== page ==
The Modern Trend of Multigenerational Homes
Written by Jason C. Henbest, Esq. and Brittany Saxton
In modernity there is a growing trend in the real estate market that is hard to deny. American families have become interested in purchasing multigenerational homes. These homes accommodate aging parents, grown children, and other sorts of extended family all under one roof. Why are these types of homes booming and what purpose do they serve?
Multigenerational homes are seen as ideal for numerous reasons. First, people are trying to cut back on spending. Based on the 2008 recession and the increasing number of young people with immense student loan debt, people are trying to live within their means. Second, people at a crossroads in their life are looking for stability. There are adults looking to return to their parents’ home after a messy divorce and people who are having trouble finding a job to support their independent lifestyle. Third, there are tens of thousands of baby boomers retiring, and living longer lives than the previous generation. And finally, many grandparents are looking to be closer to their children and grandchildren in their retirement. These are just a few reasons why multigenerational homes are growing in popularity. But do these reasons add up to an ideal situation where three or four generations can comfortably live under one roof?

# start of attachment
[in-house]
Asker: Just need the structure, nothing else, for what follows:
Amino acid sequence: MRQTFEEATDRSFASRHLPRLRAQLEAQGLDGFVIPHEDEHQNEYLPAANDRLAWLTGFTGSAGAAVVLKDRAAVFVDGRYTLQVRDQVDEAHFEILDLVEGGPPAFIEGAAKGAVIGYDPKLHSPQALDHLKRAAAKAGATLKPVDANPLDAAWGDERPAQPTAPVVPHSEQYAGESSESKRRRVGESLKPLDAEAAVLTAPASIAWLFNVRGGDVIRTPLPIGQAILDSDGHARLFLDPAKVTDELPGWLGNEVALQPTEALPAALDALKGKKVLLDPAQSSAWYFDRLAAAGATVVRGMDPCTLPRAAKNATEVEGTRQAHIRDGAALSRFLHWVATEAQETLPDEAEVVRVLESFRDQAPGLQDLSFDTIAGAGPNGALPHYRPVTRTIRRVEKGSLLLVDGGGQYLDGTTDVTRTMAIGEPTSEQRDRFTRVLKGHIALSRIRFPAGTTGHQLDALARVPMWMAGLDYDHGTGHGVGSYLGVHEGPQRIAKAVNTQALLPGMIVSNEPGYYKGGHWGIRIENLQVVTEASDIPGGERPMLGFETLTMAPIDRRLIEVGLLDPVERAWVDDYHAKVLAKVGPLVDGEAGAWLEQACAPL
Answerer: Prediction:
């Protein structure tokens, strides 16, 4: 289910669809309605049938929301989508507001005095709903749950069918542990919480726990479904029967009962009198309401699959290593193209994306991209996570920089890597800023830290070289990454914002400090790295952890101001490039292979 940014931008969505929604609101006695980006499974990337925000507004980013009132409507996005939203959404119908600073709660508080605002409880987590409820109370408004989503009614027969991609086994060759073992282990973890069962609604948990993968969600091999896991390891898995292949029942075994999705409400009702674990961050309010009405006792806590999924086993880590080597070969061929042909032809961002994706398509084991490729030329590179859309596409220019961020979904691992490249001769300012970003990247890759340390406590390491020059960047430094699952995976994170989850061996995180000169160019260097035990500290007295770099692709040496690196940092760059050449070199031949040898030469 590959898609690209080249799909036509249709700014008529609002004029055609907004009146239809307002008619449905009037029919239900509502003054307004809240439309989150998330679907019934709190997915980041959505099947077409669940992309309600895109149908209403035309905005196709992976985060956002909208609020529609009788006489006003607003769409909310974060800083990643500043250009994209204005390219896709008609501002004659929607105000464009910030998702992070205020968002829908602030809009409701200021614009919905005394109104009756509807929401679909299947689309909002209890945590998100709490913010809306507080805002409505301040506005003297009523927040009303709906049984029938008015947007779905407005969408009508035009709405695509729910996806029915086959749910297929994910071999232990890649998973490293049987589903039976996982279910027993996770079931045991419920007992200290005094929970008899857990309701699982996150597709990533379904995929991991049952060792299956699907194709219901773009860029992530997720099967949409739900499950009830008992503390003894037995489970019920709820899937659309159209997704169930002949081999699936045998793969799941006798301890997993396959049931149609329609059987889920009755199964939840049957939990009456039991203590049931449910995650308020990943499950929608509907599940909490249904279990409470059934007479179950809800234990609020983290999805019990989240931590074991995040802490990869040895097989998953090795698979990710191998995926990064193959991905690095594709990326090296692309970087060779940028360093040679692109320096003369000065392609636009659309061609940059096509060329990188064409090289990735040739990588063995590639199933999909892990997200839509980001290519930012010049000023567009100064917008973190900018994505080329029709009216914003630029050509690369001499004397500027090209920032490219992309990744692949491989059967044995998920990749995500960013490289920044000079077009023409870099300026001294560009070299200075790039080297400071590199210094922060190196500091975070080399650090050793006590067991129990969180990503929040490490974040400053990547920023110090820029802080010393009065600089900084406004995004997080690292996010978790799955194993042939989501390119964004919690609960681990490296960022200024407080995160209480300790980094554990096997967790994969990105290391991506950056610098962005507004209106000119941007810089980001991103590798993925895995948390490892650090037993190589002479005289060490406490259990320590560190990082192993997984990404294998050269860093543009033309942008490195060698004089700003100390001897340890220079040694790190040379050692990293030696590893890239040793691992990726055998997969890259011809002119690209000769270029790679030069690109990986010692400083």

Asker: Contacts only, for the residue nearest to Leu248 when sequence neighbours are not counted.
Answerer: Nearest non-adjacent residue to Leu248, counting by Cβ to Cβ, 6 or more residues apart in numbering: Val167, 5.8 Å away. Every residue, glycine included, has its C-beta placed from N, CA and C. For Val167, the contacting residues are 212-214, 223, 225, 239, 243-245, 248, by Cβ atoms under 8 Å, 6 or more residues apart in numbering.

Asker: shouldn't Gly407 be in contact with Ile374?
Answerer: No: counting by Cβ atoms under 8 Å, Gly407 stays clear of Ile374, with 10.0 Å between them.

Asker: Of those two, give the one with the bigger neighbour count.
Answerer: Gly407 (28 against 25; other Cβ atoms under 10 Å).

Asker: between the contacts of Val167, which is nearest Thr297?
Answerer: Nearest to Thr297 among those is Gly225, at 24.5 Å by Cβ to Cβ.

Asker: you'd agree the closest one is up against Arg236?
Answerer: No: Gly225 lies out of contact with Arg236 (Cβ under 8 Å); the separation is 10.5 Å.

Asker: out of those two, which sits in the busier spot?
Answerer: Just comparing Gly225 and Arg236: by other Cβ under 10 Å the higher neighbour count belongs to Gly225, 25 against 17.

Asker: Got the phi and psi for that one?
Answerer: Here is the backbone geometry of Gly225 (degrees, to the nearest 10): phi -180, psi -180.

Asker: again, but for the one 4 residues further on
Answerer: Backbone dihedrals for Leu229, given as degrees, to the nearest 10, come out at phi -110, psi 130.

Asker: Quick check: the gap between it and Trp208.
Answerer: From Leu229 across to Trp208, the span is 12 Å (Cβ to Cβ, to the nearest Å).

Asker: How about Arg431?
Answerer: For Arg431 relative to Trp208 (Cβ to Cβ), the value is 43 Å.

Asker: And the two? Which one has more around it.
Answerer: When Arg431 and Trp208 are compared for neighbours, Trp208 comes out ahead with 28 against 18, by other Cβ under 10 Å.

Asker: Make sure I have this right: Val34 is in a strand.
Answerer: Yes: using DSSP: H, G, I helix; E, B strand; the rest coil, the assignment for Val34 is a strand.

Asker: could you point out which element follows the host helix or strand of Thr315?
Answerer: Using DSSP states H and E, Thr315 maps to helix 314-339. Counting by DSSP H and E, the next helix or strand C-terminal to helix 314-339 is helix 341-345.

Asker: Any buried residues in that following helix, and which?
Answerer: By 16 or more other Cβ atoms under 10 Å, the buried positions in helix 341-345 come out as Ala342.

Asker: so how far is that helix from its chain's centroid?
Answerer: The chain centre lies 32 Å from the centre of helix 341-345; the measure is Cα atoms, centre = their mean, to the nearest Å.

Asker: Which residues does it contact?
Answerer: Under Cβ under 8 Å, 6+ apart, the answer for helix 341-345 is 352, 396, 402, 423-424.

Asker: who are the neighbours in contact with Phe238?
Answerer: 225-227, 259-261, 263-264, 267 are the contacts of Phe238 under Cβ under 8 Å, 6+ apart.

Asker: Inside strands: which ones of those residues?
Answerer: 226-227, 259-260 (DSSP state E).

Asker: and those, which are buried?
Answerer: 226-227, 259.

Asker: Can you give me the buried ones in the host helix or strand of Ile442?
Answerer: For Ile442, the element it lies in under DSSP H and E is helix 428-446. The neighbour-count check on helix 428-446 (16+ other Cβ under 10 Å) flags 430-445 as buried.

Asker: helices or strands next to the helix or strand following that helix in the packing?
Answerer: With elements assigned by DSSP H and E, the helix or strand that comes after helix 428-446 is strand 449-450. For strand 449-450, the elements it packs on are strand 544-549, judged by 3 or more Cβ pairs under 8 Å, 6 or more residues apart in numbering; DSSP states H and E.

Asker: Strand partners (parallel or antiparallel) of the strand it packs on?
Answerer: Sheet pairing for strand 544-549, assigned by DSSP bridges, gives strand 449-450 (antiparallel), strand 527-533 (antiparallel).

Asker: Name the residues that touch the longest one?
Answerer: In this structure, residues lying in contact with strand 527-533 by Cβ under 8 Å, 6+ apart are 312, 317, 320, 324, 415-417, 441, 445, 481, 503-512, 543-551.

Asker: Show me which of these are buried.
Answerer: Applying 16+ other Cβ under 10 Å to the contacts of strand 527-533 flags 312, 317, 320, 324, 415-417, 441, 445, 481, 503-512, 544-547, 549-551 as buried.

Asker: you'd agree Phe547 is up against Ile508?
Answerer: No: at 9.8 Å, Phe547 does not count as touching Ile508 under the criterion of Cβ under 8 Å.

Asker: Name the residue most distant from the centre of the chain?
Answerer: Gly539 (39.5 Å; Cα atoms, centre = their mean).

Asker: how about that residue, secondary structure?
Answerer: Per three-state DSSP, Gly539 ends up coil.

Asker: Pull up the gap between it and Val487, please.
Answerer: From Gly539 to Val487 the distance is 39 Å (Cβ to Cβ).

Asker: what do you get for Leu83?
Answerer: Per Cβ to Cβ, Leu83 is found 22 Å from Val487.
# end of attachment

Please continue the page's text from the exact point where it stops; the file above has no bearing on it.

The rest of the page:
The answer is a resounding “yes!” Not only are multigenerational homes growing in popularity, but they are being built to provide separate amenities for all aspects of the extended family. Multigenerational homes have separate entrances, living spaces, temperature controls, garages, kitchenettes, laundry facilities, and the like. Quite possibly, you could live under the same roof as your elderly parents and not see them for days if you so choose.
Multigenerational homes are meant to be cost-effective, comfortable, and convenient. While this living style is not for everyone, it is hard to deny the popularity of these homes when the demand is so high.
However, building a home, or retrofitting your existing home, to accommodate multi-generational living could be tricky under local land use restrictions. Construction of “mother/daughter” or other unique living spaces may fall victim to exclusionary zoning. And for that reason, it is important to do your homework before starting such a project. As always, if you are considering purchasing a home contact your real estate lawyer for sound legal guidance throughout the transaction.
Lacey Township Lawyer | Real Estate | Multigenerational Homes